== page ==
DICKIE is a contrast in design. To pair a mid-forties gray-mopped “hang-it-up-already” pop songwriter and a striking mid-twenties classically trained violinist is simply a formula for deserved obscurity. But in practice, the balance proves a brilliant alliance.
Veteran tunesmith Dick Prall has taken his wares and shared them with violinist Kristina Priceman to create a collection of dark, gorgeous, and oft-times moony sing-alongs. The self-titled record comes in like a bellowing newborn, but settles into a pace of dynamic ebb and flow as it ages and ends with a Roy Orbison-styled recount of hopeful love that never bleeds into the saccharine.
Dick has a long history of fashioning accessible, viral tunes and inserting them with lilting melodies. It started with his 1998 release Somewhere About Here, prompting No Depression to dub his debut “a track-by-track monster.” His follow-up record, Dressing Up the Failure, under the moniker ‘Starch Martins,’ brought performances with Jon Brion, Mike Doughty, and Justin Townes Earle. Fizzlebuzzie gained further national and international attention with features in such media outlets as NME.com and Performing Songwriter, who claimed the record “a box of chocolates for your ears.” The beautifully alarming and infectious Weightless with its single “The Cornflakes Song,” featuring Glen Phillips of Toad the Wet Sprocket, garnered radio spins across the country. It also landed a spot on Paste Magazine’s CD compilation for their 2007 year-end issue. Popmatters.com weighed in on the album adding “(he) crafts fault-free melodies that make the listener very eager to find out what’s around the corner.” On the self-produced Inc. EP, Prall fused lush vocals with straightforward guitars to assemble a quintet of oddly pop-fueled gems. His final “pre-DICKIE” venture was his studio collaboration with Pat Sansone (Wilco, Autumn Defense), producing three whip-smart singles that were golden online giveaways.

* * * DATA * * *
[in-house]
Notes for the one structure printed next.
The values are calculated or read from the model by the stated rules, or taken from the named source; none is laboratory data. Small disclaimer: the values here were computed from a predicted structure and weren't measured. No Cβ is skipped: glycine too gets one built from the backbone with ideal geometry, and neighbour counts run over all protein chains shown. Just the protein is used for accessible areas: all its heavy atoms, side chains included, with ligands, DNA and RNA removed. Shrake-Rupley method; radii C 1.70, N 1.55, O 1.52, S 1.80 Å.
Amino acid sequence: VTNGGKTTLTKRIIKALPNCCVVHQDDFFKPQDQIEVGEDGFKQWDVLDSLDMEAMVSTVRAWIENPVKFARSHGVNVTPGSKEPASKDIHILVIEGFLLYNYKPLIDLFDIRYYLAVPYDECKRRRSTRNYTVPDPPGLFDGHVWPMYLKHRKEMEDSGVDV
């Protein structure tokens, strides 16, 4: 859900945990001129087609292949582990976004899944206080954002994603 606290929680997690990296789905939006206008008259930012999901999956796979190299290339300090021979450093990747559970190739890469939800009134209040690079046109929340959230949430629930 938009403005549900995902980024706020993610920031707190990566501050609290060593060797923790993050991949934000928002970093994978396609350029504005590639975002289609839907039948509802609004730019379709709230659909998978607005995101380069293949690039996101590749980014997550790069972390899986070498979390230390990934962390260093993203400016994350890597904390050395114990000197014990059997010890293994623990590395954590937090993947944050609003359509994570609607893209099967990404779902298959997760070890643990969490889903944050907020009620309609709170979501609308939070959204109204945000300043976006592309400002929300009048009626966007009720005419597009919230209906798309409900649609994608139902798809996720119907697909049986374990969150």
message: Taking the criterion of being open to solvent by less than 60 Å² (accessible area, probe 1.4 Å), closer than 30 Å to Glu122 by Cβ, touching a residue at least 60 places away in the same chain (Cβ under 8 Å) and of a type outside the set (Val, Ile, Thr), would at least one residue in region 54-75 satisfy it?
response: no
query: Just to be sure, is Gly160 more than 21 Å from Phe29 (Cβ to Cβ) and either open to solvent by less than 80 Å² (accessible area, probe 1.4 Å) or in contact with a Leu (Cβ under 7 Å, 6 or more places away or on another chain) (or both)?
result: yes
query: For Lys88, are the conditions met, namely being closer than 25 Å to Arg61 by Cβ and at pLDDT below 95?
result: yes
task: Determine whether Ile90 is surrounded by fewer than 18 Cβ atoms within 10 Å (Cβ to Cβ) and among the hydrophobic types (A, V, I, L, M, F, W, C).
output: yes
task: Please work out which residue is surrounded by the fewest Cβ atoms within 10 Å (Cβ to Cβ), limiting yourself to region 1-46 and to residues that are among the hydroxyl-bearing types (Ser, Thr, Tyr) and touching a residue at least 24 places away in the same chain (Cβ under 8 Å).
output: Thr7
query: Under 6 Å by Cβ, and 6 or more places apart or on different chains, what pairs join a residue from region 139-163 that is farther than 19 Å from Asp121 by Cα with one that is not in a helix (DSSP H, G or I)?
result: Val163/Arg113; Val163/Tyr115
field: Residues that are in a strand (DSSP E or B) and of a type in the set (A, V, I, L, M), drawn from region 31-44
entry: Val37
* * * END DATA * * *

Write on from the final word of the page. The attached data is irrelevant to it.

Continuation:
Around the time a twenty-five-year old Prall began teaching himself guitar, a five-year-old Priceman started her classical training on violin. Winning competitions and soloing with orchestras brought her to Peck School of the Arts in Milwaukee, WI where as a freshman she snuck off to begin a secret touring life as a rock musician. Nine years on the road has taken her around the world sharing stages and performing with the likes of Jackson Browne, Edward Sharpe and the Magnetic Zeros, and Robert Randolph and the Family Band. What pulls her into the DICKIE pairing is that she’s not simply providing texture – she’s an integral lead instrument who fills the landscape with meticulously clever parts and ensures that every note resonates the author’s intent.
This solid effort is a matching of Prall’s personal experience with Priceman’s ability to emphasize the storylines with surgical beauty. He lived them, and she punctuates those truths. Her string arrangements – even her voice – wrap around his biographical narrative as endearing support to the misfortune he so attractively delivers.
The contrasts are certainly apparent on the surface of the DICKIE partnership, but underneath are where the strengths dwell and their first offering is a resounding testament to this compelling union.